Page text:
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SALMON COLLECTION & TAGGING PROJECT
On December 7, 2014, a rock fall estimated at 50,000 cubic meters, impacted the Seymour River, at a location at the upstream end of the lower canyon. The debris field from this slide raised the water level in the river some 10 meters creating
Seymour Rockslide – Photo credit: Simon Ager
a blockage to downstream-migrating juveniles and upstream-migrating adult salmon. The upper Seymour River, above the rock fall, contains the large majority of the productive salmon habitat in the watershed, and therefore there are justified concerns about the health of the Seymour River salmon run in coming years, if migration past the rock fall is not restored. In fact, coho and steelhead could be reduced to remnant populations by as early as 2019 if we are unable to mitigate the effects of the slide.
To scientifically confirm whether or not fish are able to pass through the debris, juvenile steelhead were acoustically tagged and adult coho and steelhead were radio tagged. Pacific Salmon Foundation, Fisheries and Oceans Canada, BC Ministry of Forests, Lands and Natural Resource Operations, UBC, Kintama & Freshwater Fisheries Society of BC contributed emergency funding and equipment for the tagging programs. Receivers were placed at both the downstream and upstream end of the slide and mobile trackers were deployed. To date no fish have been detected by fixed or mobile receivers.
Snorkel surveys conducted in July of 2015 confirmed that a number of fish were holding in two pools directly below the slide debris.
PVC Trap – Photo Credit Brian Har
Fisheries and Oceans Canada is working in partnership with the Seymour Salmonid Society, Metro Vancouver, Squamish Nation, Tsleil Waututh Nation and North Vancouver District, to attempt an emergency rescue effort to capture returning salmon in the lower Seymour River. Salmon recovered from these efforts will be placed in transport tanks and transported to the Seymour River Hatchery until target broodstock numbers are achieved. Surplus fish will be released directly into the upper Seymour River, above the slide and below the dam.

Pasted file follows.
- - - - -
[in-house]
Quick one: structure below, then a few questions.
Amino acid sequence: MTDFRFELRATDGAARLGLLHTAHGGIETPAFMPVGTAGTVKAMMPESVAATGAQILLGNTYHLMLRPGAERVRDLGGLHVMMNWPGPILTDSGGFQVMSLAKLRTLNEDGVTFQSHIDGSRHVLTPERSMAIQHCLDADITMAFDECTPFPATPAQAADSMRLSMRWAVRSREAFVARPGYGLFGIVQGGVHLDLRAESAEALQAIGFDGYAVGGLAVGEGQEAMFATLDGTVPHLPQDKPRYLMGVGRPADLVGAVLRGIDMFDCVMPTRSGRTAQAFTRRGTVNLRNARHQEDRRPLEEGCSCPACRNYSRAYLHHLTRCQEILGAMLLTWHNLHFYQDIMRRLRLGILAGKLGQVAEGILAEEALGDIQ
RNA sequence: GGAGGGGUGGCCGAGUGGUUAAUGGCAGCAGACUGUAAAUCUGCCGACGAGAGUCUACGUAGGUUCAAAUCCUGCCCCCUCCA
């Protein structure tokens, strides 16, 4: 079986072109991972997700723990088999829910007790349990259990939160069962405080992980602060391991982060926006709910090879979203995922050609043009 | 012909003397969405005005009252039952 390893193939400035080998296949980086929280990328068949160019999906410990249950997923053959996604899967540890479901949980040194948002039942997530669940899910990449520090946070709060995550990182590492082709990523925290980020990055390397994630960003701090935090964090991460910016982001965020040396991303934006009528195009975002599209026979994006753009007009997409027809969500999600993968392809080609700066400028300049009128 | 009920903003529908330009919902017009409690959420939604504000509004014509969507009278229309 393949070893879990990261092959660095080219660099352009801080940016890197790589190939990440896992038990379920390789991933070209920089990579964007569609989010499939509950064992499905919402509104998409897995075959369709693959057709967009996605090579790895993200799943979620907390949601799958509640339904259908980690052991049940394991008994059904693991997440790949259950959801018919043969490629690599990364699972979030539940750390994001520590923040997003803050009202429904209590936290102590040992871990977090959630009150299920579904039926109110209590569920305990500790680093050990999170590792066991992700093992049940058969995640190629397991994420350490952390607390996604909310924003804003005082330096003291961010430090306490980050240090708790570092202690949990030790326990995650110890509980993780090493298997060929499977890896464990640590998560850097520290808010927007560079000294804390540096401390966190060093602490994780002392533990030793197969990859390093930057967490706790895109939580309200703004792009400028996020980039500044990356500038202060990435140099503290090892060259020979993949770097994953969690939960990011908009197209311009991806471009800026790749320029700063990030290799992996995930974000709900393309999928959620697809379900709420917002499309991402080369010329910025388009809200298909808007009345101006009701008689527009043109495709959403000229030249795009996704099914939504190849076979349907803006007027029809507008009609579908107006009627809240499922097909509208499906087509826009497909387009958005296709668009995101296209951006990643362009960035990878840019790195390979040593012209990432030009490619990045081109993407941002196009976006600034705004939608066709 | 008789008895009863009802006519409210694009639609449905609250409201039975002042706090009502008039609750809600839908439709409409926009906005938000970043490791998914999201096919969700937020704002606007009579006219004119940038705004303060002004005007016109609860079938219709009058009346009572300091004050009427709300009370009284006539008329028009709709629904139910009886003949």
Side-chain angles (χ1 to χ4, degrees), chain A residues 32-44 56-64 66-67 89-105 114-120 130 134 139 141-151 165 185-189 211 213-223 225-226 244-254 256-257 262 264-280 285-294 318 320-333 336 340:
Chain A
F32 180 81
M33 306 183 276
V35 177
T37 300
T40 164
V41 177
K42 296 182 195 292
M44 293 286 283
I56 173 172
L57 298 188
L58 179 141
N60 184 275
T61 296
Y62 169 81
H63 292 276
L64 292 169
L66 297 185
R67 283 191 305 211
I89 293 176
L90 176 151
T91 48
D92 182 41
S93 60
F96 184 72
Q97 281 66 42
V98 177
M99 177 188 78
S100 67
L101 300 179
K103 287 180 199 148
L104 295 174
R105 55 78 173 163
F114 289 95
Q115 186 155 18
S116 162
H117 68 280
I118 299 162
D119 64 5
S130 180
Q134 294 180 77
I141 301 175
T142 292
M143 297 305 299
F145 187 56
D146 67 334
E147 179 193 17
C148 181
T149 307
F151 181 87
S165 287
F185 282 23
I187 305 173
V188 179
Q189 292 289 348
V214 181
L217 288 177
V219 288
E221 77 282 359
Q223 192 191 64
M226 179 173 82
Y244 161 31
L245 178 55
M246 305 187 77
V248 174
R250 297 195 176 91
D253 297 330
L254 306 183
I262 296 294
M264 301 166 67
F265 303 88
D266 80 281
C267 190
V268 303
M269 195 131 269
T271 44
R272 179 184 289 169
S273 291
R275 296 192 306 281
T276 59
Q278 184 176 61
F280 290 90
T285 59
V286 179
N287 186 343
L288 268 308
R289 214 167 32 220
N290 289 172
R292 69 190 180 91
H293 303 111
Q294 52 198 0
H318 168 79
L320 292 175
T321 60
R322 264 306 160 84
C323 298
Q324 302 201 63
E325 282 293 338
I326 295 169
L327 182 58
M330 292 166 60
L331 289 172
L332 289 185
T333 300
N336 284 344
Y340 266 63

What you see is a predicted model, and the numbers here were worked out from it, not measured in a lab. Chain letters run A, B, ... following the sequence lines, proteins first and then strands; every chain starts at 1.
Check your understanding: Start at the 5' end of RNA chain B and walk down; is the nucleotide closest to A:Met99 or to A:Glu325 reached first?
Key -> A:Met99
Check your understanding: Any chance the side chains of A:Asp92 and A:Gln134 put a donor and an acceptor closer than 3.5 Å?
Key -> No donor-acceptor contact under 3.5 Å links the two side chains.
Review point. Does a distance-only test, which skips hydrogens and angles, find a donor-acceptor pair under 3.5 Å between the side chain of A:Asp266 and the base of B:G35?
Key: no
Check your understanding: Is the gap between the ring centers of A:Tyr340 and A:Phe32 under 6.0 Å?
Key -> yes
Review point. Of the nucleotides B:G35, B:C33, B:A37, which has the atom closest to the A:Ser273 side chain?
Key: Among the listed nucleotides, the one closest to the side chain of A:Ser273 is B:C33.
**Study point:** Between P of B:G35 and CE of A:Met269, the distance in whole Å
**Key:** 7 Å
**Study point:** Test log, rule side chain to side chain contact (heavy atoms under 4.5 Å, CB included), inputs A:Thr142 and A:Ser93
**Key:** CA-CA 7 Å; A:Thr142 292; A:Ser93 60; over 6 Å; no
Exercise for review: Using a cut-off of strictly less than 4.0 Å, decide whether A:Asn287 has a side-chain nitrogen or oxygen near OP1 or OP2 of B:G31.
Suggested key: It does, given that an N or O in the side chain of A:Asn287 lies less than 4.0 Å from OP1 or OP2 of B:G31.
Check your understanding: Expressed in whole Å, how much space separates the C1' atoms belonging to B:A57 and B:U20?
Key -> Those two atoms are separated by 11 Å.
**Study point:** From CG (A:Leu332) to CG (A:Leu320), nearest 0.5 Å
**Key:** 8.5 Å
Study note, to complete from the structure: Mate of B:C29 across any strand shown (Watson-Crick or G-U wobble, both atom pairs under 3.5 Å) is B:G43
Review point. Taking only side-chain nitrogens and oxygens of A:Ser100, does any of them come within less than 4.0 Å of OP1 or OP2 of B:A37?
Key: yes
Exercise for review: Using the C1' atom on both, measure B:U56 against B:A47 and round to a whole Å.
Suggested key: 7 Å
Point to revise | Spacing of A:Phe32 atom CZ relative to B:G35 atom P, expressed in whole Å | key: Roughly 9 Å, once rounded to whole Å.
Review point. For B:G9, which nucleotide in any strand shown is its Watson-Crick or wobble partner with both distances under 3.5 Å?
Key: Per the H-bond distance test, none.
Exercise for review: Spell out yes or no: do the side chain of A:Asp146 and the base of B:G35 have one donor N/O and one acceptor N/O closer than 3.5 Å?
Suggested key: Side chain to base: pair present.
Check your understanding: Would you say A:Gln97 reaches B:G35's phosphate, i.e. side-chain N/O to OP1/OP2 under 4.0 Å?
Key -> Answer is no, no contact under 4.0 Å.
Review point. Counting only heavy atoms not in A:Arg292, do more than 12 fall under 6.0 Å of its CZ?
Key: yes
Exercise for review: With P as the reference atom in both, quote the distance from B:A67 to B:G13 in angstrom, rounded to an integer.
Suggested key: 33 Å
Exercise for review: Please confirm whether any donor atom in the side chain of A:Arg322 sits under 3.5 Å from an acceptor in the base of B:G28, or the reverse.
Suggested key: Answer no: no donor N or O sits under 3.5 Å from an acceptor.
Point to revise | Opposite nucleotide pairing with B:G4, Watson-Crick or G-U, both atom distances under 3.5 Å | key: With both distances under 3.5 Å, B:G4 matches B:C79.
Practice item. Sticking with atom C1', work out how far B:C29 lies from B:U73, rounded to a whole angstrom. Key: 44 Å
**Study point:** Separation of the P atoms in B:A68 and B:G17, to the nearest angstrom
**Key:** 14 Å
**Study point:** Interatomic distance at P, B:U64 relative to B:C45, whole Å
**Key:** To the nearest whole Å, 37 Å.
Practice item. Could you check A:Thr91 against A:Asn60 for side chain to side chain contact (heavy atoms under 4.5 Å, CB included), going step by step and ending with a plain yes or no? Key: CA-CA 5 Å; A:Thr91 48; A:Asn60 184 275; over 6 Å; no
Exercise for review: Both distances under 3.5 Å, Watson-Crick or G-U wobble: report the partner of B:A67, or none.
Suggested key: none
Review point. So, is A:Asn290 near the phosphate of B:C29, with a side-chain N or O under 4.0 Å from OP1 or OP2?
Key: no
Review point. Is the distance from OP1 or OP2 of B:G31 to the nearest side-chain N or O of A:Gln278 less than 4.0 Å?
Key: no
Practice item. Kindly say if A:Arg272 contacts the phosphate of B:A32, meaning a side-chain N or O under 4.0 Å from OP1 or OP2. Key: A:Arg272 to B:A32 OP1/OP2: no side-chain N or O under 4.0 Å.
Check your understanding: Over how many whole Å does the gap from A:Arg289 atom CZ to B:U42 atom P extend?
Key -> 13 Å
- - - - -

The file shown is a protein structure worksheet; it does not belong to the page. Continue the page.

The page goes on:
Initially, a PVC and net trap was set up in the lower river adjacent to the Squamish Nation Band Office. High-water events due to summer storms thwarted these methods and hoop nets and seine
Hoop Net – Photo credit: Brian Har
nets were quickly put to use. These methods proved highly successful for pinks, but staff was forced to adapt once again for coho and steelhead. Tangle nets and angling is currently being used to capture fish out of the lower river with good success.
All 2015 in-river work is done with hand labour and does not require heavy machinery access this season. Vehicle access in close proximity to the river bank near the capture sites may be necessary, given that all trap materials and captured salmon must be moved by hand from and to transport vehicles. Captured salmon will be moved by field crews to the transport tanks daily depending on capture success in the river trap.
Tangle Net – Photo credit: Sombilon Photography for PSF